Past

All posts tagged Past

On literal weddings and metaphorical funerals.

Published April 15, 2013 by mandileighbean

First and foremost, I would like to begin this post by sending my prayers to the victims, their friends, families and loved ones, and the entire city of Boston.  I would also like to borrow the sentiments of Fred Rogers and urge all of us to look at those helping and sacrificing to provide aid, rather than be utterly and completely incensed.  Evil does happen – it absolutely does – but so does good, and we must never lose sight of that if we are to remain loving, compassionate and human.

religionI must admit that the post I had planned for this evening now seems completely frivilous and in poor taste, at least somewhat.  However, that being said, I am going to continue because not doing so will not help those afflicted in Boston and perhaps posting my ramblings will offer a distraction, at least for a moment or two.  Then again, I probably flatter myself greatly in thinking enough people read this blog to place a judgment of value on the timing of my posts.  So, please, allow me to talk about this past weekend.

I was seated with colleagues and friends in a purposely poorly lit bar.  There was nothing remarkable about the venue; it could have been any Irish pub anywhere in New Jersey.  I did think it was slow for a Saturday night, but that is not a complaint.  I was idly sipping a Coca Cola and Jack Daniels, suffering through it patiently as some kind of demonstration of bravado that was unwarranted and probably unnecessary.  We were gossiping and chatting, generally enjoying ourselves, when someone familiar walked in.  All the blood rushed to my face and hands so that they felt swollen and numb, utterly useless, and I suddenly became unattractive to the point of being grotesque – or, at least that’s what I felt like.  I wanted him to see me, but at the same time, I was comfortable with recognizing without being recognized.  It was not like there had been some great love affair; it was only a schoolgirl crush, juvenile notions compounded with lonely fantasies and absolutely nothing more.  Yet there I was all the same, reacting as if some great figure from my past had walked in with the sole intention of rekindling some great passion.  It was silly and I know that, but it’s all I have and I can’t help it and I am not sure if I always feel like apologizing for it.

He did walk over to say hello, but he started with those seated farthest from me.  He hugged and gave quick kisses upon the cheeks of the ladies, offered a firm handshake to the lone gentleman present.  He did not say hello to me at first; he sat with those he knew the best and had a long conversation.  It gave me a chance to sip at the alcohol through the straw desperately, to giggle to expunge nerves that were winding tighter with each passing moment.  I delighted in the teasing, perfectly happy to entertain some farfetched notion that any kind of mutual attraction was possible when really, his mere presence made me feel so unworthy.  “Indeed, when he did come over to say hello, he offered a genuine embrace, but then turned away to spend most of his time talking to the others.  Though his arm rested upon the back of my raised chair – some kind of hybrid between a chair and a stool – he did not make eye contact.  I received the impression that I was unimportant, boring and even a nuisance.  I wanted to be somewhere else, anywhere else.  How he had the ability to make me feel so small was perplexing until I realized I allowed it, because my writer’s imagination and romantic mind were turning nothing into something important, something worth writing about when honestly, it was baited breaths and daydreams – nothing more.  But every time he left, he would place his hand on the small of my back ever so lightly, just to signal he was leaving but promising he would return.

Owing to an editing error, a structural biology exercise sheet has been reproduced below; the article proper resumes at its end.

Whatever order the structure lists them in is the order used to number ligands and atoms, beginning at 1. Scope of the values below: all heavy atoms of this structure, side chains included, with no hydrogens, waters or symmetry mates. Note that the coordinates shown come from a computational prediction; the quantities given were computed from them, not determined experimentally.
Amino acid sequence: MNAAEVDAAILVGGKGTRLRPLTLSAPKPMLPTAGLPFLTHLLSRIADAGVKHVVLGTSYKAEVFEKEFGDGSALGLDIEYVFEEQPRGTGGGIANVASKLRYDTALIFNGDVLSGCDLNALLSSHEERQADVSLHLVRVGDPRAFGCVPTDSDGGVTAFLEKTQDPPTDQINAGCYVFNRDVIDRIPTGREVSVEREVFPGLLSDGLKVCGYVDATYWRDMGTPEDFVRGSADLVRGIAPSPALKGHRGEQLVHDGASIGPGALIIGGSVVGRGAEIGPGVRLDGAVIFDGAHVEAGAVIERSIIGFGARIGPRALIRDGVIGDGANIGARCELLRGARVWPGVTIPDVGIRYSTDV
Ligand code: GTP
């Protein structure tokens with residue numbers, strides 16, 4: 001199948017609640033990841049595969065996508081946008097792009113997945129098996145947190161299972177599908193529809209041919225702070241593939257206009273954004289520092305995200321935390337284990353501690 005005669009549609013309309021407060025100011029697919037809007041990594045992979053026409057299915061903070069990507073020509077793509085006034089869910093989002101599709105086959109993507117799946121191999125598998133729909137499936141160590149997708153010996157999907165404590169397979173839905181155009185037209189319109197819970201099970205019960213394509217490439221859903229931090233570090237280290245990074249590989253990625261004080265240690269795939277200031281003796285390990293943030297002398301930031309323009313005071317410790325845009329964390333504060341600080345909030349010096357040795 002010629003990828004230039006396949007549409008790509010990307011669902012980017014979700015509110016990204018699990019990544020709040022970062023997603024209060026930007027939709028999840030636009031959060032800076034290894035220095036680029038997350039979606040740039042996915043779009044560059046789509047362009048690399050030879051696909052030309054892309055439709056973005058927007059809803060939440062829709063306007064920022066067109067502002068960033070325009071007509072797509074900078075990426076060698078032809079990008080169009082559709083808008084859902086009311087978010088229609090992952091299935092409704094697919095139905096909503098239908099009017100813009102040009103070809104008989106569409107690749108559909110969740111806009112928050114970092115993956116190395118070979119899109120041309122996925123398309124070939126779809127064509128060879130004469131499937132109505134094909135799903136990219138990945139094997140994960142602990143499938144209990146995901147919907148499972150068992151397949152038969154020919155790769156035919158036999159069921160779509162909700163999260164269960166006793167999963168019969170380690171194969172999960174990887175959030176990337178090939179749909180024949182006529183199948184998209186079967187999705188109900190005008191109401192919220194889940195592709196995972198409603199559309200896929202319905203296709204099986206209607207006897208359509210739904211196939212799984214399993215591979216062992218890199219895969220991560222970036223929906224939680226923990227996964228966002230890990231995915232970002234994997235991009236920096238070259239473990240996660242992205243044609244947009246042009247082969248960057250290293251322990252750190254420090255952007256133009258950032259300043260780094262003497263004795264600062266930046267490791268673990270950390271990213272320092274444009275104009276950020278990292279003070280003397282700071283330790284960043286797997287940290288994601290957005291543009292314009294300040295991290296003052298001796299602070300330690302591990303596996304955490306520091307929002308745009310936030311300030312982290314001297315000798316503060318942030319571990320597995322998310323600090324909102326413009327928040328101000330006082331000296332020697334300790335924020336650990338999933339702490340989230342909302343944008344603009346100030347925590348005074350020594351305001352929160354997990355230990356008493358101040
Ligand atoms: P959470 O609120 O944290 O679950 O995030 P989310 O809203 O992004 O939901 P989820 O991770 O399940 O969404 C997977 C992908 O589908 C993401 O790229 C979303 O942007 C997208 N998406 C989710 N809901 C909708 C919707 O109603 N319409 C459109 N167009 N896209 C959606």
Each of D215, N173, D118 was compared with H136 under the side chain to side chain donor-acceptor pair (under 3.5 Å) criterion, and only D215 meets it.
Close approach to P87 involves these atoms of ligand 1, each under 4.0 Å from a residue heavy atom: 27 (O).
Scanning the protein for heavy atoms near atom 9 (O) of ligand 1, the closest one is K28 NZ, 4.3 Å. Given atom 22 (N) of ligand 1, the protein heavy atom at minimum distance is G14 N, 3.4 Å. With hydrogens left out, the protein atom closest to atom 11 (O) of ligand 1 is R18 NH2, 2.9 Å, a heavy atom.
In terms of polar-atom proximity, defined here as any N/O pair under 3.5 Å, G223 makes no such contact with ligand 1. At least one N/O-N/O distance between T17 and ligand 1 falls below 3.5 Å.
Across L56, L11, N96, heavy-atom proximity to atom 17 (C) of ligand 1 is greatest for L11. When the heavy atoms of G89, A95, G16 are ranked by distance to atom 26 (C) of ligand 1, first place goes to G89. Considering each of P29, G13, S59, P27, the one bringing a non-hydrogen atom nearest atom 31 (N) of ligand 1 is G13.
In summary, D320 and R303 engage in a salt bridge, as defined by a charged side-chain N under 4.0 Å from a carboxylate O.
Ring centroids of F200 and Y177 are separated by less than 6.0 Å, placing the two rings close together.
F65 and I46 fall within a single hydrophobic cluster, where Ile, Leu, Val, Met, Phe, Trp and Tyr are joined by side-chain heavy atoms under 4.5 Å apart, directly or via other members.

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He told us he was attending a wedding and for one positively horrifying moment, I thought it was his wedding, and that meant that the infintisemal window of opportunity I laughably deemed was present for him and I had been slammed shut.  However, he was simply attending a wedding.  So the next day, when I was attending informative workshops during which I should have been paying more attention and behaving in the fashion of a consummate professional, I was imagining.  What else can I do when my expectations never ever come to fruition?  I closed my eyes and saw myself, in some kind of slinky, sexy yet elegant evening gown, colored emerald green.  I was not wearing shoes – perhaps they had been discarded on a dance floor, or thrown to the side to better enable movement because I was running, and running fast.  My long hair flew out behind me, all waves and curls that no blow drying or hairspray could ever possibly hope to replicate, and my arms and legs pumped in unison with my heart like some well-oiled machine I have never before seen.  Across cobblestone warmed in the sun I run, and there he is, running towards me.  Left behind is his jacket, and the sleeves of his shirt are pushed up from his wrists to his elbows.  His tie is blown back over his right shoulder as he sprints towards me, just as eagerly and as quickly as I am running towards him.  Eventually we will collide, fall into each other’s arms, crash against one another’s body.  Will it be a passionate explosion, or will we both slow just before contact is to be made and simply stare, chests heaving from breathing hard?  I do not know, because the daydream always ends, and it is always unfulfilled.  I have never run towards someone who was running towards me.

I imagine it is one of the greater experiences of this world.

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On steak and eggs.

Published October 15, 2012 by mandileighbean

The other day, when I was running, I noticed the road kill had been removed and had been removed quite thoroughly.  Macabre as it may be, I looked intently at the previously gory scene for any kind of remnants, for any kind of tangible proof that the dead possum had been there in the first place.  There was no evidence – the pavement was stained, no organs had been absent-mindedly neglected, and there was absolutely nothing disturbed or out of place.  Admittedly, I was relieved that my eyes did not take in anything that would upset my stomach, but I was also somewhat saddened.  That poor creature had been wiped from existence.  It was no longer living and as far as I know, I am the only who knows and cares enough to write about it.  I understand that the possum was not a sentient being and was not a pet and that to some factions of thought its death is not a tragedy but a mere continuation of the pattern of existence we are all traveling along.  I can understand, acknowledge, and accept all of that and still be upset because I worry and fear that the same fate belongs to some human beings, some that I may even know.  I have already discussed how a wasted life is my greatest fear.